afropunk defends m.i.a. after black lives matter controversy
Organizers see her controversial statements as 'a chance to understand the role of structural racism and other systems of oppression underlying these issues.'
M.I.A. caused a furor earlier this year when she brought up the Black Lives Matter movement in an interview with London's Evening Standard magazine. "It's interesting that in America the problem you're allowed to talk about is Black Lives Matter," she said. "It's not a new thing to me — it's what Lauryn Hill was saying in the 1990s, or Public Enemy in the 1980s. Is Beyoncé or Kendrick Lamar going to say Muslim Lives Matter? Or Syrian Lives Matter? Or this kid in Pakistan matters? That's a more interesting question."
The outspoken artist refused to apologize for her comments, confronting the issue again on her recent race-themed track "Poc That Still a Ryda." After addressing the #OscarsSoWhite conversation, M.I.A. sings "I'm here for every color, including Black Lives Matter." Nevertheless, many people still felt that her comments were insensitive at best. The fact that she was scheduled to headline the London leg of Afropunk later this year only caused the backlash to escalate further, leading M.I.A. to reveal earlier this week that she was dropping out of the festival founded to highlight a Black presence in the punk scene. "I've been told to stay in my lane," she wrote on Twitter. "Ha there is no lane for 65mil refugees who's lanes are blown up!"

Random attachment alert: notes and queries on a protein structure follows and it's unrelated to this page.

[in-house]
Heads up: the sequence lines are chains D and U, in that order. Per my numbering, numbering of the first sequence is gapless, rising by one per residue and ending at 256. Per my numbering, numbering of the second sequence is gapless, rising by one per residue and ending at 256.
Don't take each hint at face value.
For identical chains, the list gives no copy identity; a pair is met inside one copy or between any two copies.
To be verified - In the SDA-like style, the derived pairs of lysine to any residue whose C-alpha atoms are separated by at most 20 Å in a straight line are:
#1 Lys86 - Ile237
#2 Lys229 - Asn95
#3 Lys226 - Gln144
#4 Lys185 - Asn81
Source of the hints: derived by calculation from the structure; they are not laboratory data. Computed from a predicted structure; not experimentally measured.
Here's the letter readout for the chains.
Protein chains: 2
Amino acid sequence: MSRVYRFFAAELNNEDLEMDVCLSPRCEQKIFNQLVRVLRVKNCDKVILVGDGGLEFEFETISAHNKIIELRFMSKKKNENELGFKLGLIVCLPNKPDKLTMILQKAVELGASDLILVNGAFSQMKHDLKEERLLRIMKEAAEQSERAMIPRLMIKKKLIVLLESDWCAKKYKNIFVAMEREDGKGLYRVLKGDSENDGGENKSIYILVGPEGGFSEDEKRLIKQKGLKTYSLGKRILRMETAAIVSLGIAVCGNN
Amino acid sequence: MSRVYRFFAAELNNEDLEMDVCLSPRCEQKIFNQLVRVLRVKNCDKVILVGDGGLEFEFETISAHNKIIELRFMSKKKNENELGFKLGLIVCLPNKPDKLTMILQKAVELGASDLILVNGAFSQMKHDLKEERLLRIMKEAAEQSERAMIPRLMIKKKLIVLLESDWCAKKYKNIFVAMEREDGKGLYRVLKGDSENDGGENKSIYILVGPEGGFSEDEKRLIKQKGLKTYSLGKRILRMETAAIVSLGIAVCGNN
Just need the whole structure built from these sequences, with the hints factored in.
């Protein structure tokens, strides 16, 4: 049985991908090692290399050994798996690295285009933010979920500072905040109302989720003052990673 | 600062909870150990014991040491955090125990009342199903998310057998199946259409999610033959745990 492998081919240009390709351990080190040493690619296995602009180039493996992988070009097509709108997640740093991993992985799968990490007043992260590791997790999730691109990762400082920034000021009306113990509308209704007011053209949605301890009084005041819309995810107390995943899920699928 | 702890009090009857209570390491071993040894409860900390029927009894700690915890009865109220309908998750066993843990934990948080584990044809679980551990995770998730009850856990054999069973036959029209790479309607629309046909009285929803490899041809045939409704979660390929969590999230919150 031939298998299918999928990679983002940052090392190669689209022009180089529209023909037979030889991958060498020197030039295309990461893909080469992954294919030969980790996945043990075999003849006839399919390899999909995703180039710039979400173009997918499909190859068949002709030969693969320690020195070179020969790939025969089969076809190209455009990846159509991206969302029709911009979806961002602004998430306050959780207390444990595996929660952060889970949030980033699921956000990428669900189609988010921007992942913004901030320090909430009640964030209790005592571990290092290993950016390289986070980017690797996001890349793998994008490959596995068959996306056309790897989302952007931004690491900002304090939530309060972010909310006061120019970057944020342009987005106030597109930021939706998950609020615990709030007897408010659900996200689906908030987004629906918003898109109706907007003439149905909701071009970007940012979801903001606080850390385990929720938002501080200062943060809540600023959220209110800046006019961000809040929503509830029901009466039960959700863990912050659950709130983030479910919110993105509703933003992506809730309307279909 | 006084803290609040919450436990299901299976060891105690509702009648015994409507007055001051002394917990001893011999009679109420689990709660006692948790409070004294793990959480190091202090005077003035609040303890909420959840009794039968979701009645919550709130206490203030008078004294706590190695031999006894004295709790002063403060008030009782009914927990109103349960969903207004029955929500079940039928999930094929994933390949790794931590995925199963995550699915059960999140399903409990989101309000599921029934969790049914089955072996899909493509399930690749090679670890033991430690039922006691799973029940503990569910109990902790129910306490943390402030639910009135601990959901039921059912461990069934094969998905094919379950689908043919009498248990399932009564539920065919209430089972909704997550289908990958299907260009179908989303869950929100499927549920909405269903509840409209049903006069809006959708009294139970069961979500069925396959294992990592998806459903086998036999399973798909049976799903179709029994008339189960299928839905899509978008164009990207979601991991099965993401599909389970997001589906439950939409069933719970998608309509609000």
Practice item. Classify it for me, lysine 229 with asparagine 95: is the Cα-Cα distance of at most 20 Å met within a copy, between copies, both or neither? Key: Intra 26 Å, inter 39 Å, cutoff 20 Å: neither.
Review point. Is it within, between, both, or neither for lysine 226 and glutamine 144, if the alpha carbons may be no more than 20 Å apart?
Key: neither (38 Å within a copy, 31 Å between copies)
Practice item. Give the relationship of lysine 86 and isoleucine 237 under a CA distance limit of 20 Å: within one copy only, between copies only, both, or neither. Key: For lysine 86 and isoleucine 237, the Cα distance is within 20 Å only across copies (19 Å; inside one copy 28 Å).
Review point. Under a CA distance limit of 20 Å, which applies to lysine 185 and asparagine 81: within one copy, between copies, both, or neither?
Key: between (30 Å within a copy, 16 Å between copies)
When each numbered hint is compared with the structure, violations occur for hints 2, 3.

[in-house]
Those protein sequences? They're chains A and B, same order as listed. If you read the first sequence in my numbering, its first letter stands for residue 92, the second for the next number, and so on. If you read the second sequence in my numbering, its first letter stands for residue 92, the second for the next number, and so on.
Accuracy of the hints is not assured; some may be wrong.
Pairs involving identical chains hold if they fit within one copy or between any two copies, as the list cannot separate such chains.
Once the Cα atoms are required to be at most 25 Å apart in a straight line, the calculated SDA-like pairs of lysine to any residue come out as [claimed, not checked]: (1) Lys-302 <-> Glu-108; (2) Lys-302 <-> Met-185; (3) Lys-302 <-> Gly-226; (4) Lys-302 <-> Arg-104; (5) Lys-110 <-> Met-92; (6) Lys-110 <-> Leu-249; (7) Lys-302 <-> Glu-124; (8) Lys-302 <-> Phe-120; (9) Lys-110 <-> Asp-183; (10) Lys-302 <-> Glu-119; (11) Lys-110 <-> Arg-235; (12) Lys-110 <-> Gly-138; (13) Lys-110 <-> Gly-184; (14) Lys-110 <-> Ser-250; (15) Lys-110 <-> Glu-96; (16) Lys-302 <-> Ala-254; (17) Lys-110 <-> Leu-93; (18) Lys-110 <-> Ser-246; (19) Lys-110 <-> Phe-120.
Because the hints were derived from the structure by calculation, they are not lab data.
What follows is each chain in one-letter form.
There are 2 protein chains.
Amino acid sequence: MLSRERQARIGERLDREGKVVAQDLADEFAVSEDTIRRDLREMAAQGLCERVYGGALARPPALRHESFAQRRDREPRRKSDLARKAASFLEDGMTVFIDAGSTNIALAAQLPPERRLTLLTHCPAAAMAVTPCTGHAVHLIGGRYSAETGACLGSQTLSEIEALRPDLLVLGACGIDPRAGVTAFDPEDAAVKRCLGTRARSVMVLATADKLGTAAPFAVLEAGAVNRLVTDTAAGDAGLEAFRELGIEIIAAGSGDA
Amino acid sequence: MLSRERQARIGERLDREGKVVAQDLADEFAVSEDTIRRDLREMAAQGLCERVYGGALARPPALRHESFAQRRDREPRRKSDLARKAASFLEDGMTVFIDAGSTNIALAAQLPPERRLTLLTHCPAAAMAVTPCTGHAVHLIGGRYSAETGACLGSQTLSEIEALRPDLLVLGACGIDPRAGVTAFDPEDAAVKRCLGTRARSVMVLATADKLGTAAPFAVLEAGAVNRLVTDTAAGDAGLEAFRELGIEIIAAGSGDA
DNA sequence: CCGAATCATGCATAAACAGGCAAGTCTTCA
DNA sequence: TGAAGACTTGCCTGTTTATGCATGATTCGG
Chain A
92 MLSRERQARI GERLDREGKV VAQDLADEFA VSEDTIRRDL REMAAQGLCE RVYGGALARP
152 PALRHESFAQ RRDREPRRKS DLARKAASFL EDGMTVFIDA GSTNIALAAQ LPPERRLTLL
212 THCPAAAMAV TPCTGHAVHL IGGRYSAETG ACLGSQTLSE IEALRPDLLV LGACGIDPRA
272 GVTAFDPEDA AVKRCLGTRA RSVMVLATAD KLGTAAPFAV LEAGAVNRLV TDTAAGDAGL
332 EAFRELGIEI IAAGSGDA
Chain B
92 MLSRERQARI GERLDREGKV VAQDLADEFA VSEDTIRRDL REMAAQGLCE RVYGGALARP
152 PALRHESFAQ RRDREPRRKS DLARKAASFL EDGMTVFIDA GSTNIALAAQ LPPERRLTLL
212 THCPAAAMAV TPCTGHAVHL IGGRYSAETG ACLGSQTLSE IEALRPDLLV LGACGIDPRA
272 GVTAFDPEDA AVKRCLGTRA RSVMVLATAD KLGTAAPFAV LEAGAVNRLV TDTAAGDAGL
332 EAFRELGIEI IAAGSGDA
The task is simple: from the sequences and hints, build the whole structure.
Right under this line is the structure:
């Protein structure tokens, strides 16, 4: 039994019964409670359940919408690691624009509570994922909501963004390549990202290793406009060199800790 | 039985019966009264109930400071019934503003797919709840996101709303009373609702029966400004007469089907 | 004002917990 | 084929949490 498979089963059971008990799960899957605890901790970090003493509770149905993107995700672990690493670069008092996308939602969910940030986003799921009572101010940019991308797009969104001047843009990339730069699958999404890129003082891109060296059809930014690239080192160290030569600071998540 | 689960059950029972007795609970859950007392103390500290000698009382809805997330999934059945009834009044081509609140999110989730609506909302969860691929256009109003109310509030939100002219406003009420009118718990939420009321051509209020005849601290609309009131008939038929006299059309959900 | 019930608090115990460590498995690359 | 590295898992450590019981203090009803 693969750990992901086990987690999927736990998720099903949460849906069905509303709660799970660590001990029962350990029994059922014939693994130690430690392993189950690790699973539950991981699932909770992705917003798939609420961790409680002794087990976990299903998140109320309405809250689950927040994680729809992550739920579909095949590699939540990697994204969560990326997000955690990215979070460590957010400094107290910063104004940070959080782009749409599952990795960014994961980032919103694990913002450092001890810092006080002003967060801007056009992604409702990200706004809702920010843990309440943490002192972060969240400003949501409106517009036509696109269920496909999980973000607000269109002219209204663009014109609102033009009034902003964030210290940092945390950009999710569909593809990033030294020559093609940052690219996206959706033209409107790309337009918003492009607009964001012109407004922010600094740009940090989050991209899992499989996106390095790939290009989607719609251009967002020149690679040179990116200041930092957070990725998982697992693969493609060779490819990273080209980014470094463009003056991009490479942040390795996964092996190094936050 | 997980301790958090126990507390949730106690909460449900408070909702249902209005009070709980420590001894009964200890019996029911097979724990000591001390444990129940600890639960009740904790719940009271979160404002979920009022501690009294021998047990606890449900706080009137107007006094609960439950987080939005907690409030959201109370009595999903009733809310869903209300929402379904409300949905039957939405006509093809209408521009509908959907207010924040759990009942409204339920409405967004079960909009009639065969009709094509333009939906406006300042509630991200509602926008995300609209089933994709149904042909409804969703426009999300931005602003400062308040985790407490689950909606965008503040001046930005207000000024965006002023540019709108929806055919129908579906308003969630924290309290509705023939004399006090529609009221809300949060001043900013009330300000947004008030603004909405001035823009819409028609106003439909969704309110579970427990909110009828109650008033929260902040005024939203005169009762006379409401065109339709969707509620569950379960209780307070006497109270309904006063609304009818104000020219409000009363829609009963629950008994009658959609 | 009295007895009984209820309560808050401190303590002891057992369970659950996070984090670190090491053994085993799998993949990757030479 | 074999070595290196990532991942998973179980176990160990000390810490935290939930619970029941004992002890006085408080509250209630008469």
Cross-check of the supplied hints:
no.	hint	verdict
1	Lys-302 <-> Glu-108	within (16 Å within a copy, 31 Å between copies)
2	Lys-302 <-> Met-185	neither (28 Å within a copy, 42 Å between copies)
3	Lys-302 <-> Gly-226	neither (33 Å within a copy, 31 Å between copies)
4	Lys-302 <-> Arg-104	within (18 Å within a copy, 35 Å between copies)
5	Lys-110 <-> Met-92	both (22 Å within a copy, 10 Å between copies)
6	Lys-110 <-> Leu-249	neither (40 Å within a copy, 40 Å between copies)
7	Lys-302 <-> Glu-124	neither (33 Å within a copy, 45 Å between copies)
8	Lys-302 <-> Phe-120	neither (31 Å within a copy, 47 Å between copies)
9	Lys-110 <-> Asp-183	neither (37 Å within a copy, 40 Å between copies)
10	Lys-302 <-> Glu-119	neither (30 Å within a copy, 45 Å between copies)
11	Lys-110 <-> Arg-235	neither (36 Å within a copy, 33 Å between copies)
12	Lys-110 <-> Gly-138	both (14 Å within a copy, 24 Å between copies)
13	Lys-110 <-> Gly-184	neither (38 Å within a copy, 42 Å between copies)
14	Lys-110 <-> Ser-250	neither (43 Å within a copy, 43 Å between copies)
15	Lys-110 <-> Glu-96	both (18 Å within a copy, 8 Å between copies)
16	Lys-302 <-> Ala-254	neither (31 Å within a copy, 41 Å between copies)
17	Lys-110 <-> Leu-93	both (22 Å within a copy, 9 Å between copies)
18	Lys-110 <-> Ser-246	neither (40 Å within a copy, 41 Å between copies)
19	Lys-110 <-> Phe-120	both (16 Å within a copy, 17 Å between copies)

Now the Afropunk organizers have leapt to M.I.A.'s defense, citing a need for open — and often uncomfortable — conversations about systemic racism and oppression. "To us, the fact that M.I.A.'s comments sparked dialogue about a global view of the Black struggle is not a failing," they note, adding, "We've read and welcomed the critique of M.I.A.'s participation. Even prior to our announcement, we had been creating a space to continue the dialogue she initiated, to better explain and understand how the Black American experience and the American construct of race, intersects with rampant anti-Muslim rhetoric, and the crushing refugee crisis she was bringing to light. The debate is healthy and as people who have long been silenced, we refuse to participate in silencing of other voices."
Afropunk sees the debate as "a chance to understand the role of structural racism and other systems of oppression underlying these issues," which include "the simultaneous hyper-visibility of Black Americans and the ignored anti-Blackness and systematic racism around the world" — things that emphasize divisions rather than deeper connections. "We hope that this event also brings to light the experiences of black Brits, immigrants and refugees in the UK, who are continuously erased," they say.
M.I.A. is yet to respond to Afropunk's statement. Yesterday she tweeted a screenshot of an article comment that claimed, "Forcing the world to look at issues of race and blackness through the hegemony of the American Lense is unwise. The struggle against injustice, racism, and white supremacy is Global."
Text Hannah Ongley
Photography Wolfgang Tillmans [The Declaration Issue, No. 255, 2005]